First, we must continue to seek the wisdom of the Spirit. The same Spirit who has already taught us the basics of the faith wants us to know much more. I believe there are dozens if not hundreds of times a day that same Spirit is trying to speak to us. Mostly it is about little things, but sometimes about bigger things. But only if we pay attention and respond will we more fully receive the wisdom and power of the Spirit. There is no substitute for practicing your skills of listening and responding to the Spirit each day. This Give Us This Day and its Resolution is one way you can practice such skills.
In fact, it was through a long process of listening to the Spirit speak spiritual things to me that He provoked me to begin writing Give Us This Day, against my human calculations that I would not have the time or ability to do it. Things came to fruition one week when the Spirit began to say more urgently to me “Begin!” until I relented and vowed to begin writing Give Us This Day. Perhaps later I’ll have time to recount how God brought this about over the course of several years.
The other way to put God’s treasure in you to is to speak spiritual things. Each of us has been led to Jesus through the Spirit-filled speech of a human being: we have not had Damascus Road experiences, and we won’t (we don’t need to.) If you have the Spirit of God in you, the one who has revealed His wisdom and given you grace to believe, then you must also speak this wisdom to others. Again, you and I are not called to be St. Paul. But you are called to speak the wisdom of God and to speak of spiritual things. Even in America today you are likely to be rejected and resisted by natural men and women whose minds are still darkened. But it is still your obligation to speak. Remember, as well, that much of your spiritual speech, like Paul’s, will be to those who already believe but who need to learn better the spiritual wisdom of the Spirit.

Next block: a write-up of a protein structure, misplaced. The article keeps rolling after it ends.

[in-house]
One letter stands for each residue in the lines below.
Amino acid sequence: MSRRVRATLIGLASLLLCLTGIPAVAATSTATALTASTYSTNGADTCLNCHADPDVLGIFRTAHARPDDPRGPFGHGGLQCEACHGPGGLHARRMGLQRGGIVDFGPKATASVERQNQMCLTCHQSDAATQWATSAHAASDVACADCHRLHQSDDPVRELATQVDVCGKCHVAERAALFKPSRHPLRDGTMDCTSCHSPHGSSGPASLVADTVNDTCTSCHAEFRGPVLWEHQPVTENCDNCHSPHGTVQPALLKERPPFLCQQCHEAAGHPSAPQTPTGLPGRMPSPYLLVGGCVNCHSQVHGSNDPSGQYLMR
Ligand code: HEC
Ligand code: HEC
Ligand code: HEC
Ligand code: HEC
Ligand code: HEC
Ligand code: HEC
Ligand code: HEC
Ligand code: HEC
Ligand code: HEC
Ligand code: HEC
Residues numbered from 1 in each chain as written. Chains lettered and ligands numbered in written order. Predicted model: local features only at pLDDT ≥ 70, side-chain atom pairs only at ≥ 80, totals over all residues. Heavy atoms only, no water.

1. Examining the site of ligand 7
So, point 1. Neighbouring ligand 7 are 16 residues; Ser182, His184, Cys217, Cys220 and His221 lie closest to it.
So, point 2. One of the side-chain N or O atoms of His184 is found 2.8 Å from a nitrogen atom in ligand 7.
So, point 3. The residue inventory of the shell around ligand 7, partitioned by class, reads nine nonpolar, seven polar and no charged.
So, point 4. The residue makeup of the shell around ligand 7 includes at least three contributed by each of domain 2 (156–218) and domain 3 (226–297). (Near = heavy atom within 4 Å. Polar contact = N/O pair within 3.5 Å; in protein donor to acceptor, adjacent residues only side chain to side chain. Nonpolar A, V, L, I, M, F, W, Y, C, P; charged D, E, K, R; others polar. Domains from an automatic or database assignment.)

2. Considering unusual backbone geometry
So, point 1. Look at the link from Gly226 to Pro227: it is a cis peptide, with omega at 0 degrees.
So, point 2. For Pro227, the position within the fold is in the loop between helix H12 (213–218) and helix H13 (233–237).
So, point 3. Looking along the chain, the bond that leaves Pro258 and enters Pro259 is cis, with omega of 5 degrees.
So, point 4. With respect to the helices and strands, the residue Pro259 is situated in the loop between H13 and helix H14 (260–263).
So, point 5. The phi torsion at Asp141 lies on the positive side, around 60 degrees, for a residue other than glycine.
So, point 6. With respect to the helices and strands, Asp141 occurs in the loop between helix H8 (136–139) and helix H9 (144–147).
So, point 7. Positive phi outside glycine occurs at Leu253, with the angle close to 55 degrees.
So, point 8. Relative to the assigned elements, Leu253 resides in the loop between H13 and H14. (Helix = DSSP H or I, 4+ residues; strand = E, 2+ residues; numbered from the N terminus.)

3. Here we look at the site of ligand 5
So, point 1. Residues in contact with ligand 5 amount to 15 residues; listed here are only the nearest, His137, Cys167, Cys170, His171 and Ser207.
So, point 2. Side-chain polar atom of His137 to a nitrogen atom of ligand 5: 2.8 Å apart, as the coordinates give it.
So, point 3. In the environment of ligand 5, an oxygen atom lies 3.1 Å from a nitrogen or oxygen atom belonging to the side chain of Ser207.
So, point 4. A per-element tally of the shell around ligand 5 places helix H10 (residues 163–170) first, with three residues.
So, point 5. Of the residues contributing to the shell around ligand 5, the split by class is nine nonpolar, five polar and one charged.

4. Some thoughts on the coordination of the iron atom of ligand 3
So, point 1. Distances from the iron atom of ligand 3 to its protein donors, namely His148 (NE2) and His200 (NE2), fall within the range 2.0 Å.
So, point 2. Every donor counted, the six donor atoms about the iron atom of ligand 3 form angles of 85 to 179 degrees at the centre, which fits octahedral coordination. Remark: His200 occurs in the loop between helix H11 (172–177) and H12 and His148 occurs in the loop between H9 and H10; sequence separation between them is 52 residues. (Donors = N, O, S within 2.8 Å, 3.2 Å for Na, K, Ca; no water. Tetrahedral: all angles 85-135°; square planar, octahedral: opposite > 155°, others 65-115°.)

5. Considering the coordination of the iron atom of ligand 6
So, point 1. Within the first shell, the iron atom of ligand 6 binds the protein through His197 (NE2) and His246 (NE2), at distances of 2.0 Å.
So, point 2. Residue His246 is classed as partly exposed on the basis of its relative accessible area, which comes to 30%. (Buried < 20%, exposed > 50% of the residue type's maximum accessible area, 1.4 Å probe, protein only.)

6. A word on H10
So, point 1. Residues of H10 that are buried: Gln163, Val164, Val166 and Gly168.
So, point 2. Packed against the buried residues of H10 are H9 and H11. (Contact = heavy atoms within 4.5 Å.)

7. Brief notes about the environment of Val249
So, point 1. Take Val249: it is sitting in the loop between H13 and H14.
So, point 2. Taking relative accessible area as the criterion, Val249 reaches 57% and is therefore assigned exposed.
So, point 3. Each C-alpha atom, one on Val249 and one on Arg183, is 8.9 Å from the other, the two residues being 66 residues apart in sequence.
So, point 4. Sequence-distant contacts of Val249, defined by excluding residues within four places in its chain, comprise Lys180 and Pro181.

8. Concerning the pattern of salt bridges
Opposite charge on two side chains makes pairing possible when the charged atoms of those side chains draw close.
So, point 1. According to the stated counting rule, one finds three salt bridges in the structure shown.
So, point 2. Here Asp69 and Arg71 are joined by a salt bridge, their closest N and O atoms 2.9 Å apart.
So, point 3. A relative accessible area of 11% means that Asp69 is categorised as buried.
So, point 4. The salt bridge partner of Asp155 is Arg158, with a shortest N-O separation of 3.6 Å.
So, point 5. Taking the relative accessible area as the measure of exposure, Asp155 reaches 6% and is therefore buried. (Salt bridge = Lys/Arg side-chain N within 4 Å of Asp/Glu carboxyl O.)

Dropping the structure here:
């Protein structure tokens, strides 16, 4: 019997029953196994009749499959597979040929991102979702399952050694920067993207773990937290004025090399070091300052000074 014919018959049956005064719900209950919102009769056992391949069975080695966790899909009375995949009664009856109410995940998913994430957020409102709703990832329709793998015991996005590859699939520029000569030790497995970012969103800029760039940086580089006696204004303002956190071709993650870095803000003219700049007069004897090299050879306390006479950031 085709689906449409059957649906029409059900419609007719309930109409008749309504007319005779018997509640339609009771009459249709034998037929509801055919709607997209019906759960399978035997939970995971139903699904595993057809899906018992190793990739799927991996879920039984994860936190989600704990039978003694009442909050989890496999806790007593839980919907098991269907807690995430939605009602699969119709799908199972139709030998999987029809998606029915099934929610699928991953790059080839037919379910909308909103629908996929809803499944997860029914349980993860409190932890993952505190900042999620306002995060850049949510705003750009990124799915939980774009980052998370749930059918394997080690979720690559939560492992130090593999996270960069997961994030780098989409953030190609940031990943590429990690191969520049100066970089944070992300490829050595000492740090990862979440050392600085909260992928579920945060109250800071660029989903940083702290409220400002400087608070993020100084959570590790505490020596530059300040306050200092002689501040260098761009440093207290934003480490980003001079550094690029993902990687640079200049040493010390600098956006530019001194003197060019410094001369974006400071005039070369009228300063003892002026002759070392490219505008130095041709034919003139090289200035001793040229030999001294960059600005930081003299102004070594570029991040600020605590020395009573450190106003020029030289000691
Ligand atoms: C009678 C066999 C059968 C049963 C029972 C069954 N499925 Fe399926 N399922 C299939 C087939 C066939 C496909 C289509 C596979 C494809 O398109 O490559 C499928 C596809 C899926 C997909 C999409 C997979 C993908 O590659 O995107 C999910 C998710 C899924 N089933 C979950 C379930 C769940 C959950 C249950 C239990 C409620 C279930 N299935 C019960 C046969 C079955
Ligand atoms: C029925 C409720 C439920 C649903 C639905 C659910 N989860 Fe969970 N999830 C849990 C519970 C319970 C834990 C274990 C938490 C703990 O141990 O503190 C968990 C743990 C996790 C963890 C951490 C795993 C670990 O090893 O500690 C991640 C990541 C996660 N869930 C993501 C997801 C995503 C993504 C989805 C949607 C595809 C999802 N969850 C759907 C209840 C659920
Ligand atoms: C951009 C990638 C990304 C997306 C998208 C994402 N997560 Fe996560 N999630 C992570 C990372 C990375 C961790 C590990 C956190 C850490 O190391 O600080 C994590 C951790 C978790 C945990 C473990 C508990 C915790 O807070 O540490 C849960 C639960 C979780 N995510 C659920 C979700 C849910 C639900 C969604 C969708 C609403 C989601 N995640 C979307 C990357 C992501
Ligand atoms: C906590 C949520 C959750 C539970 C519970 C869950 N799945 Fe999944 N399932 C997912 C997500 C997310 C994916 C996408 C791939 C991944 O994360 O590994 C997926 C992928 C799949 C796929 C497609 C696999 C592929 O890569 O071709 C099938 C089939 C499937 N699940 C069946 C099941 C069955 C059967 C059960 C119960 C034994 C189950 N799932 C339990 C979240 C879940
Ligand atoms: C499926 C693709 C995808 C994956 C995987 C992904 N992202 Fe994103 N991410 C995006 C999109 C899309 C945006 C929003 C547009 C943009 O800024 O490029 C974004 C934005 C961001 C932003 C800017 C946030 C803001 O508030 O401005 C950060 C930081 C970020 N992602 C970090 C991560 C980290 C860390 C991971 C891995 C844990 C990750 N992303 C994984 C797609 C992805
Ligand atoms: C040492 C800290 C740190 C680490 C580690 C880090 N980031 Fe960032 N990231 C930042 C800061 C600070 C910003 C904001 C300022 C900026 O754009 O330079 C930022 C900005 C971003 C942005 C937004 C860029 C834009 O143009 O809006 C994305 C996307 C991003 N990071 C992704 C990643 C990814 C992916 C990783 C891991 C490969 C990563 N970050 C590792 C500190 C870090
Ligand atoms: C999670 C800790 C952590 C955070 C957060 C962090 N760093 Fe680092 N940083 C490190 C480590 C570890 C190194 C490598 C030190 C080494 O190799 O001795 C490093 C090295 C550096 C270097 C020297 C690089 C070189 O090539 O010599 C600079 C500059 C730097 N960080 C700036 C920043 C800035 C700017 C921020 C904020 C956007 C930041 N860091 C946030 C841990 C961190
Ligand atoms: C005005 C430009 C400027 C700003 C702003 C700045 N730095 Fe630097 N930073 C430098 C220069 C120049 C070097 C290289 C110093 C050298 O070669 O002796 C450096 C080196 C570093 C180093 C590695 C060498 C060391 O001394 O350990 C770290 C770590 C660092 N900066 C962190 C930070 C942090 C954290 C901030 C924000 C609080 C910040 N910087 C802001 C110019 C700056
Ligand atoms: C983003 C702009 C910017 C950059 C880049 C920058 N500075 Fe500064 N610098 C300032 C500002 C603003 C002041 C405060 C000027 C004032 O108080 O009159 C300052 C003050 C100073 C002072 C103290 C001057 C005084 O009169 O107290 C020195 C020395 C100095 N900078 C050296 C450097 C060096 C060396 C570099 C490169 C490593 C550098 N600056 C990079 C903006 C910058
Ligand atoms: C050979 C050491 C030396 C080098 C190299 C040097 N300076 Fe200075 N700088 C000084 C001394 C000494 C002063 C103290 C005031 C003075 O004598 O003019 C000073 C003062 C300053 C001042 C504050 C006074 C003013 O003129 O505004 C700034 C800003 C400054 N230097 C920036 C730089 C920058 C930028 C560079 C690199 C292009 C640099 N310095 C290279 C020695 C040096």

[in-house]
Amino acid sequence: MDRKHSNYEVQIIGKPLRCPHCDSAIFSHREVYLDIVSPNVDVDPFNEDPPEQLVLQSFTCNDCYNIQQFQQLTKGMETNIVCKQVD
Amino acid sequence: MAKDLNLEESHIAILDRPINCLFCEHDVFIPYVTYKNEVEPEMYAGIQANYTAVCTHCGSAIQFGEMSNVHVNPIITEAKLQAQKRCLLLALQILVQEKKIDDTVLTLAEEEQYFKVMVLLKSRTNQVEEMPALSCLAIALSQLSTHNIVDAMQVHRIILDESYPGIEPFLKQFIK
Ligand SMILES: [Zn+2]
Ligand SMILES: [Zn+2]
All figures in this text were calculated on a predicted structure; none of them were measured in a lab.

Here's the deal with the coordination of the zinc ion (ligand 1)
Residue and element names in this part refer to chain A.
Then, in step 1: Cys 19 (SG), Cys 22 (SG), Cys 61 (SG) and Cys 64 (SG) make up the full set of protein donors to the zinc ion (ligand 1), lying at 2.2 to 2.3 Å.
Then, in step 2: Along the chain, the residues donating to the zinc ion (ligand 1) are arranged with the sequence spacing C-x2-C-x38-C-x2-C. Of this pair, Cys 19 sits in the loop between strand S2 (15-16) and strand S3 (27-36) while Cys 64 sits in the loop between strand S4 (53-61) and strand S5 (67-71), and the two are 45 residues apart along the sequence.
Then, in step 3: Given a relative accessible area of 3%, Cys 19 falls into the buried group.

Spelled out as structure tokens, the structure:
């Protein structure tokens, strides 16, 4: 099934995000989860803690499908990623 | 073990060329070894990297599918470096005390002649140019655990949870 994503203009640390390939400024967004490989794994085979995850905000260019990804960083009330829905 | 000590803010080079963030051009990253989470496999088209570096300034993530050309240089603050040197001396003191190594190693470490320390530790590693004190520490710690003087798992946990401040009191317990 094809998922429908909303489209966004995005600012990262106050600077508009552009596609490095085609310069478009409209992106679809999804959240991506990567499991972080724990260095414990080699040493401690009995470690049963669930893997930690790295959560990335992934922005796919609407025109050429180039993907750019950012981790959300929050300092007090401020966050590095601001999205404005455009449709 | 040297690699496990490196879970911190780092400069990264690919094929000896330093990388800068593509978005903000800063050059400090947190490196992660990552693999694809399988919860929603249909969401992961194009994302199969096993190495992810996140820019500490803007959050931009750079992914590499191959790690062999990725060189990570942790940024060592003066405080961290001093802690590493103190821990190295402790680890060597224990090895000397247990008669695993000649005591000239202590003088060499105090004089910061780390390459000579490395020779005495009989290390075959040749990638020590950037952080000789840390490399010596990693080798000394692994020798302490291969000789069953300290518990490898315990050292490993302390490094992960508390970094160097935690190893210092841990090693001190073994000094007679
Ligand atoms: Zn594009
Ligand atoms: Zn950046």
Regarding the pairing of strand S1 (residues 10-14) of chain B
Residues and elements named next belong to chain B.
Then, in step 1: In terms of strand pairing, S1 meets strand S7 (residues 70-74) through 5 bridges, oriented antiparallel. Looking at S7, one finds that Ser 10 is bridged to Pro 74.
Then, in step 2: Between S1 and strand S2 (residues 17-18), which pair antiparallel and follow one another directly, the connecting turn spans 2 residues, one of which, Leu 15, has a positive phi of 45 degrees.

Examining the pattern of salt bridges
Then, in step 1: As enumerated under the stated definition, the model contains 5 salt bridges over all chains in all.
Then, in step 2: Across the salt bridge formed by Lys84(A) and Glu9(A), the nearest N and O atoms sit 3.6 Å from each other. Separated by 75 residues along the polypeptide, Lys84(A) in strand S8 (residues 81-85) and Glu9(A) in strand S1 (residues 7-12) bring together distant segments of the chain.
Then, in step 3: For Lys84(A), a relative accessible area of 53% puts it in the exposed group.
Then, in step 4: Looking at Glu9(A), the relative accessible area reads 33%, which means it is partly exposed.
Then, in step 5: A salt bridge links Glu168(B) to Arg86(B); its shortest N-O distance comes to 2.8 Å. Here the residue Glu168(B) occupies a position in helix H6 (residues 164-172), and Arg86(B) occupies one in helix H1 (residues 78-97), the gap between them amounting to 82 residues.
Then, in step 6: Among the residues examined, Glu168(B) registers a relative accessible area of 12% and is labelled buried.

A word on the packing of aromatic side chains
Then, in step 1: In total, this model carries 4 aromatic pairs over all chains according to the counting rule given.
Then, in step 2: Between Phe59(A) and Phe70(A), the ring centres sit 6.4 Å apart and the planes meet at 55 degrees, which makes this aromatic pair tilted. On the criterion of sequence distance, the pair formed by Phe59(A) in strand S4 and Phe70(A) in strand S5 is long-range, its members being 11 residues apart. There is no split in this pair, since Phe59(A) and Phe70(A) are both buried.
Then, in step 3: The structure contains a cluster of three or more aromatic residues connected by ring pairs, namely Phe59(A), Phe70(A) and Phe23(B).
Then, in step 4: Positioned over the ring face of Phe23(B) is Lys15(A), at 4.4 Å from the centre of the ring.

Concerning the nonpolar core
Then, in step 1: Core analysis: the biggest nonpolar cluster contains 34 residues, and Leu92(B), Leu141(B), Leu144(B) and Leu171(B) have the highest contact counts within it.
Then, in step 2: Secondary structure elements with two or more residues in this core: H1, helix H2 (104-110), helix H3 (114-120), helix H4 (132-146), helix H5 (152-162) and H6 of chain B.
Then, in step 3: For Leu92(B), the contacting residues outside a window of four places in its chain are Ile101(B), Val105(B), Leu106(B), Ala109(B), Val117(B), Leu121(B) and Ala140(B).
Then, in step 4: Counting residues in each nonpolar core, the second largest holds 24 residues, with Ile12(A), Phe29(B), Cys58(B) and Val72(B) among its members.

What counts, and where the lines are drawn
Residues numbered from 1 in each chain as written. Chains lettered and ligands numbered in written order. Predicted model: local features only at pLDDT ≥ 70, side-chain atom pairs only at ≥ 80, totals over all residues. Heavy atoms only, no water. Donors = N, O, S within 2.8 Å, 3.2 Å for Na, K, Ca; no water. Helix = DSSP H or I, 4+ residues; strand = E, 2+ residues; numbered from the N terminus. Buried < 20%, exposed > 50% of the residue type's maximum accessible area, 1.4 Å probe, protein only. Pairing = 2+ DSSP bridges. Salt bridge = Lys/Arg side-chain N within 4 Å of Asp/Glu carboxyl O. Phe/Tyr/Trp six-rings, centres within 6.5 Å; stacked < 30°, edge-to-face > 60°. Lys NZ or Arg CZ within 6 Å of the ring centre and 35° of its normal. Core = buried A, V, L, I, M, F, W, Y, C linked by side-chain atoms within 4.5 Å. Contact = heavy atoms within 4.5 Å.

These are daunting tasks as well. You may be having stage fright when you hear this call to receive more deeply the wisdom and power of the Spirit. Good! Mary, too, was troubled at this saying. But the angel encouraged her, saying “Do not be afraid, for you have found favor with God.”
In the end, her response, which should be ours, was: “Behold the maidservant of the Lord! Let it be to me according to your word.”
Prayer: Thank you, Father, for the gift of your Spirit in my life. Enable me to hear You speak through Your Spirit and give me Your grace to receive what You have told me. Praise be to You that you have chosen to share Yourself with sinful people like myself: may Your glory shine through Your servant today as I receive Your Spirit.
Point for Meditation:
What do you believe the Holy Spirit has been saying to you recently? Find ways to test this, looking for repeated urgings of the Spirit, confirmation through the Word and other believers, and seeking the wisdom and patience to properly discern.
Resolution: I resolve today to practice listening to the promptings of the Spirit. Where I am pierced through my conscience to confess my sins, I will confess; where I am offered encouragement, I will gladly accept it; where I am provoked to speak of the Lord and His goodness to me, I will speak. And where I am asked to act, I will gladly obey.
© 2013 Fr. Charles Erlandson
Category: Give Us This Day